Oils such as olive, canola, vegetable, etc. are not often discussed when it comes to the subject of health and healthy foods. What oil you choose to cook with and add to your foods can play a dramatic role in your health and wellness, and choosing the wrong types can negatively affect you. Not only are there different types of oils, but also the quality of these oils is a very important factor as well.

Types of oils

Oils fall under three categories:

Saturated fats
These oils are considered “heavy” and are solid even at room temperature. These oils are considered the most stable and are the best for high-heat cooking since they do not turn rancid as easily. Saturated oils can include Coconut (92% saturated), Palm Kernel (83% saturated), and Clarified Butter (ghee) (65% saturated). Saturated fats began to be demonized in the 50's, leading to the current cholesterol scare that we have today. The topic of cholesterol is another one entirely (take a look at my other posts), but I will say this: anyone who has a balanced diet does not need to worry about cholesterol problems.

Monounsaturated oils
Monounsaturated oils offer a balance between the three oils. They do not become rancid as quickly as polyunsaturated oils and do not have the potential “cholesterol problems” that can come from saturated fats. Monounsaturated oils are popular in the Mediterranean diet, and it's been noted how despite the high-fat content, there is a low incidence of heart disease. It's also important to note that monounsaturated oils such as olive oil can also help with insulin resistance (diabetes); this is what The Zone diet is based around. Monounsaturated oils can include olive oil, avocado oil, almond oil, peanut oil, and others.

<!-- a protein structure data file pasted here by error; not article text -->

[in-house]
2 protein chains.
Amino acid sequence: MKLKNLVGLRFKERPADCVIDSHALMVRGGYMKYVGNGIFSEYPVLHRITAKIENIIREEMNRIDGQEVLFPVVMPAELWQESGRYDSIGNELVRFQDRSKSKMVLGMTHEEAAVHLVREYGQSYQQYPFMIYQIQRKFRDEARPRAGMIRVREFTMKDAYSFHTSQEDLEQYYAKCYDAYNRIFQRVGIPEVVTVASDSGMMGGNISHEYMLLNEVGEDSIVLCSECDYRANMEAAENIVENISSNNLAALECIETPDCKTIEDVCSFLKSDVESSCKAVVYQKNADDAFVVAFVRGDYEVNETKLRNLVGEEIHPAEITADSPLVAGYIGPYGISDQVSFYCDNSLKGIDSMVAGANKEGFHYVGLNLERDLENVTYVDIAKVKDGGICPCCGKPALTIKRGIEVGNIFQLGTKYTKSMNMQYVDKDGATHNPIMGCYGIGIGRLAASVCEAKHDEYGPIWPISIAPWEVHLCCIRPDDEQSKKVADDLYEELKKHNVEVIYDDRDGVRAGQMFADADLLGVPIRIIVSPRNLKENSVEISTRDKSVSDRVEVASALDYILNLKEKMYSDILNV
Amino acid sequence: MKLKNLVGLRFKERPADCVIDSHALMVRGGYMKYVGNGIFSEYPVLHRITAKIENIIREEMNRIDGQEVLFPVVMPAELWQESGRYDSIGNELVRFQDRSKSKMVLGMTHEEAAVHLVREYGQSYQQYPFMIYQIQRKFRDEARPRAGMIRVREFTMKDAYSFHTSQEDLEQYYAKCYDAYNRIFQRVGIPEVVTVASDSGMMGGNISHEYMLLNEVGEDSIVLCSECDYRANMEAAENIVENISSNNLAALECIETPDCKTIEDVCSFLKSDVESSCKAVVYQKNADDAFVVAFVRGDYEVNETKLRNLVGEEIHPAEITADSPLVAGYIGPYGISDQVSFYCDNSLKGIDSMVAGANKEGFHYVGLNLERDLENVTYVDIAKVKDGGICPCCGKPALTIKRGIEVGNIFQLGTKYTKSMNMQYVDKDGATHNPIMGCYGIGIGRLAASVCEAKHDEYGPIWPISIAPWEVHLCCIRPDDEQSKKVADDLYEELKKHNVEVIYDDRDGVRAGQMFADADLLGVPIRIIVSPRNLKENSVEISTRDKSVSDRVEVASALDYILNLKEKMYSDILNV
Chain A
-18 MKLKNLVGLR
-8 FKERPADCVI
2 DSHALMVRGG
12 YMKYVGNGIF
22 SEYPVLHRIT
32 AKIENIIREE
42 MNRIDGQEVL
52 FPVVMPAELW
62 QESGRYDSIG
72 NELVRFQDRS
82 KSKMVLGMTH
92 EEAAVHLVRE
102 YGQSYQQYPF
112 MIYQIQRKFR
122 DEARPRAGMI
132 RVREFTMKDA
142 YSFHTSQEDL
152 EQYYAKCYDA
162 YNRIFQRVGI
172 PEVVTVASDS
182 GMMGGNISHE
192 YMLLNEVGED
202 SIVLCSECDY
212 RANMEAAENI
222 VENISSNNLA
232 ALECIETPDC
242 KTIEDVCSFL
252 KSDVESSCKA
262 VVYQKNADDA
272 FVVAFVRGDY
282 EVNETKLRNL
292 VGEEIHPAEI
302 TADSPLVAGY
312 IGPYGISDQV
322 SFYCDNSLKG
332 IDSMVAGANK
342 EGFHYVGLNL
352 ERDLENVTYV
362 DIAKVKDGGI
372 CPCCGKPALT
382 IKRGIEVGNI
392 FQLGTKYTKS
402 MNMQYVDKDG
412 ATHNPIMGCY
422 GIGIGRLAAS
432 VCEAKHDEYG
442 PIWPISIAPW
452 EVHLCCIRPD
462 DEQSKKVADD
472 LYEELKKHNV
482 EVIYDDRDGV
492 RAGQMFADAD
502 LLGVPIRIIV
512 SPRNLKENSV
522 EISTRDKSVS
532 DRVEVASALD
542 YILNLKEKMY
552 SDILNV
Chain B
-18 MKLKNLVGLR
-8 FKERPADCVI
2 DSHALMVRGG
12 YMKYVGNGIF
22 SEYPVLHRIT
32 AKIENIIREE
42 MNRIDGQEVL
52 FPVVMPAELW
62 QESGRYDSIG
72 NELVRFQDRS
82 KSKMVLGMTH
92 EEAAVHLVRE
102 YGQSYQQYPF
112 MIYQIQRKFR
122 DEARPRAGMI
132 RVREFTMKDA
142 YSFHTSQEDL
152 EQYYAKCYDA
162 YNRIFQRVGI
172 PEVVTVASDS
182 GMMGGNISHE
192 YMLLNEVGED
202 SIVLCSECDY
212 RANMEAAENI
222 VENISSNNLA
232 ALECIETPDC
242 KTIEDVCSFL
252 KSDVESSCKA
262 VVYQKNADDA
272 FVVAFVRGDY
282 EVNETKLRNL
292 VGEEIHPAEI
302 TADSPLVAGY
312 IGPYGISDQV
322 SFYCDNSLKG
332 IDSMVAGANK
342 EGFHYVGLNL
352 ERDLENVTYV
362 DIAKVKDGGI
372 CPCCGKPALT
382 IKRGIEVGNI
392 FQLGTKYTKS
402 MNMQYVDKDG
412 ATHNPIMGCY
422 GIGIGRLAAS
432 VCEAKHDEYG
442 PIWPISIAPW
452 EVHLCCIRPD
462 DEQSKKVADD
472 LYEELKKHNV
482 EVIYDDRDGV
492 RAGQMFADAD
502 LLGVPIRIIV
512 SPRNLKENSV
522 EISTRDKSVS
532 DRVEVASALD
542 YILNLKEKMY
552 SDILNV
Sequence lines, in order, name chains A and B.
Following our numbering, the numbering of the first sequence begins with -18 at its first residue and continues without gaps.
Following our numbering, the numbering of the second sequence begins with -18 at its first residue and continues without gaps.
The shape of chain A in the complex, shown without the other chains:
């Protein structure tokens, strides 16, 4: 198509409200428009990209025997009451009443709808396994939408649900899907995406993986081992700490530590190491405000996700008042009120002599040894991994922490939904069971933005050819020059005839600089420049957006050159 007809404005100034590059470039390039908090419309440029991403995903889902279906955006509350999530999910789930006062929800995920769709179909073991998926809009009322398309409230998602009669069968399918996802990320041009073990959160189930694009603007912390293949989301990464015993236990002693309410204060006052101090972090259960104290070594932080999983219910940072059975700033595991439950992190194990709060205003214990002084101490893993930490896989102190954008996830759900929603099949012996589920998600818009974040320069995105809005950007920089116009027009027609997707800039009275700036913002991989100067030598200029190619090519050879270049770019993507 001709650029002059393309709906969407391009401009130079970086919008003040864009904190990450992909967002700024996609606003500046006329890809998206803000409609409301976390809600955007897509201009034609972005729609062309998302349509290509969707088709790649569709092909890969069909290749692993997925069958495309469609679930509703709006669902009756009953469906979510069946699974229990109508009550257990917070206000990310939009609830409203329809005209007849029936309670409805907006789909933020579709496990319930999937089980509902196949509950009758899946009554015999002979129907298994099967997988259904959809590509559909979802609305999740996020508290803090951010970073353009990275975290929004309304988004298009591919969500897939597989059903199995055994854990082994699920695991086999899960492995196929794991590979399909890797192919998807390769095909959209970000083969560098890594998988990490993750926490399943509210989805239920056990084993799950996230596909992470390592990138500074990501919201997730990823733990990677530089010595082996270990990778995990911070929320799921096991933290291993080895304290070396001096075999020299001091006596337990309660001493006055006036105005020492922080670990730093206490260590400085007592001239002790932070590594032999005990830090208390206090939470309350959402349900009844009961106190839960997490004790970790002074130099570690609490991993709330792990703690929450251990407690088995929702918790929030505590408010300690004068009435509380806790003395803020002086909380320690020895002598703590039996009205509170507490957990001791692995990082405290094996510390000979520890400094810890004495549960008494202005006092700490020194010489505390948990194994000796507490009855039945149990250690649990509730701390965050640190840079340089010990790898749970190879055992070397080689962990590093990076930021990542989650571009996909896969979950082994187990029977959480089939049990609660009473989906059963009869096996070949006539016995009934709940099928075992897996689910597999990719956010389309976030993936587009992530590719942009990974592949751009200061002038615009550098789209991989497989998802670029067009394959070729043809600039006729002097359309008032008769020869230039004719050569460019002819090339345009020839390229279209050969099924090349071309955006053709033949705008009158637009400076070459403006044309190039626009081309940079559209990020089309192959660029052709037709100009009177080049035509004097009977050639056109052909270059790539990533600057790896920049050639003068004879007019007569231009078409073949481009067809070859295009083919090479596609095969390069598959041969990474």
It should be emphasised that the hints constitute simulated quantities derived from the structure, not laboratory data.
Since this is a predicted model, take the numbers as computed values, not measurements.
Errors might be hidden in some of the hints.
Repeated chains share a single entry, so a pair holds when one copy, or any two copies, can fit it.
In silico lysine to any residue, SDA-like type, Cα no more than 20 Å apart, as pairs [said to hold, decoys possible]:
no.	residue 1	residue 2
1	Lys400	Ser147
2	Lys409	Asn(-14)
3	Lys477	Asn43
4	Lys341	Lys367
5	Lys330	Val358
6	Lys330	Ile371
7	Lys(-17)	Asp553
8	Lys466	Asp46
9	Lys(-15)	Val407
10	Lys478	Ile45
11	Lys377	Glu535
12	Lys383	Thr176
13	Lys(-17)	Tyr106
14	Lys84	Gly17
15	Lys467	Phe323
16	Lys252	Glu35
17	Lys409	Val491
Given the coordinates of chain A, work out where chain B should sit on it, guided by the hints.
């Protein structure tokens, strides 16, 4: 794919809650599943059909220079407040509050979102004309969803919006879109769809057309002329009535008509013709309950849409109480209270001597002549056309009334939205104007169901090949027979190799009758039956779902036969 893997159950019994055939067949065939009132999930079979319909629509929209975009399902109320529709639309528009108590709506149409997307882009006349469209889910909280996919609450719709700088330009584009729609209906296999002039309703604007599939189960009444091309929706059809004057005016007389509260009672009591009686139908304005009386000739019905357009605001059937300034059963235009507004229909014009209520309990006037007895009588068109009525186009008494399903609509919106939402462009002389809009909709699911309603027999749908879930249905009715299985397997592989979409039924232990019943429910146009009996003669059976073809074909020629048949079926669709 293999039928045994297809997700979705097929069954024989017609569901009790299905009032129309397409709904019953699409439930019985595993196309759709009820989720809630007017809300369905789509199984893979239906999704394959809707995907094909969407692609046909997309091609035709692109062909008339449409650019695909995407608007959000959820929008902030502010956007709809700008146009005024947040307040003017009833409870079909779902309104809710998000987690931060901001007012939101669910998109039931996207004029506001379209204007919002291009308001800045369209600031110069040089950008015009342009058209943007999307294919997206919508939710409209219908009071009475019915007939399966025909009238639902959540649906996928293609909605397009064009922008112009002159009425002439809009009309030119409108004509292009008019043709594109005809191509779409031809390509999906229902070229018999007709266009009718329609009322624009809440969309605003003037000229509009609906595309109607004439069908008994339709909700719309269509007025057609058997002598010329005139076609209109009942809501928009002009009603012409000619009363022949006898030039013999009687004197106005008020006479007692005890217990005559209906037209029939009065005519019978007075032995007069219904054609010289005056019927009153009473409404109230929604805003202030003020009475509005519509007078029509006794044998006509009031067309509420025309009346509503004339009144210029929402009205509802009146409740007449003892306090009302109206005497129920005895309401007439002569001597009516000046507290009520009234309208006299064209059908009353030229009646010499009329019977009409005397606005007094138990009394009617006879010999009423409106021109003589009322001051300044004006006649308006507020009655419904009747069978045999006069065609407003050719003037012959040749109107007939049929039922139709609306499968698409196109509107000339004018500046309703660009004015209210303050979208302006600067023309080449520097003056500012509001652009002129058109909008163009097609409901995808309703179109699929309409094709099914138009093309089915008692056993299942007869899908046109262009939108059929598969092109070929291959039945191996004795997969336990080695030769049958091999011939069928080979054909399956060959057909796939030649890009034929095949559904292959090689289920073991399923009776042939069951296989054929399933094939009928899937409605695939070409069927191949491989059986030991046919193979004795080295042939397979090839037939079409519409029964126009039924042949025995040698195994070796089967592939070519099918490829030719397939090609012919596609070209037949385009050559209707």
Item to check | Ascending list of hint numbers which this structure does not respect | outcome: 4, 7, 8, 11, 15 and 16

Polyunsaturated oils
These oils are the most problematic; many people have thought that by switching to polyunsaturated products (including margarine and shortening) that they would be healthier since these oils are free of cholesterol and low in saturated fat. The opposite is true actually, as numerous studies have shown that those who consume polyunsaturated vegetable oils actually have a greater risk of heart attack and cancer. These oils can become rancid very easily under heat and should never be used for cooking or frying. Polyunsaturated oils can include safflower oil, walnut oil, sunflower oil, soy oil, and others. These oils should only be used sparingly

Oil quality

Oils go through a method of processing to extract the oils from the fruit/nut/seed and transform it into what we buy at the market as a food product. Understanding the methods used is very important because the quality of the food we buy is the most important part of the deciding factor.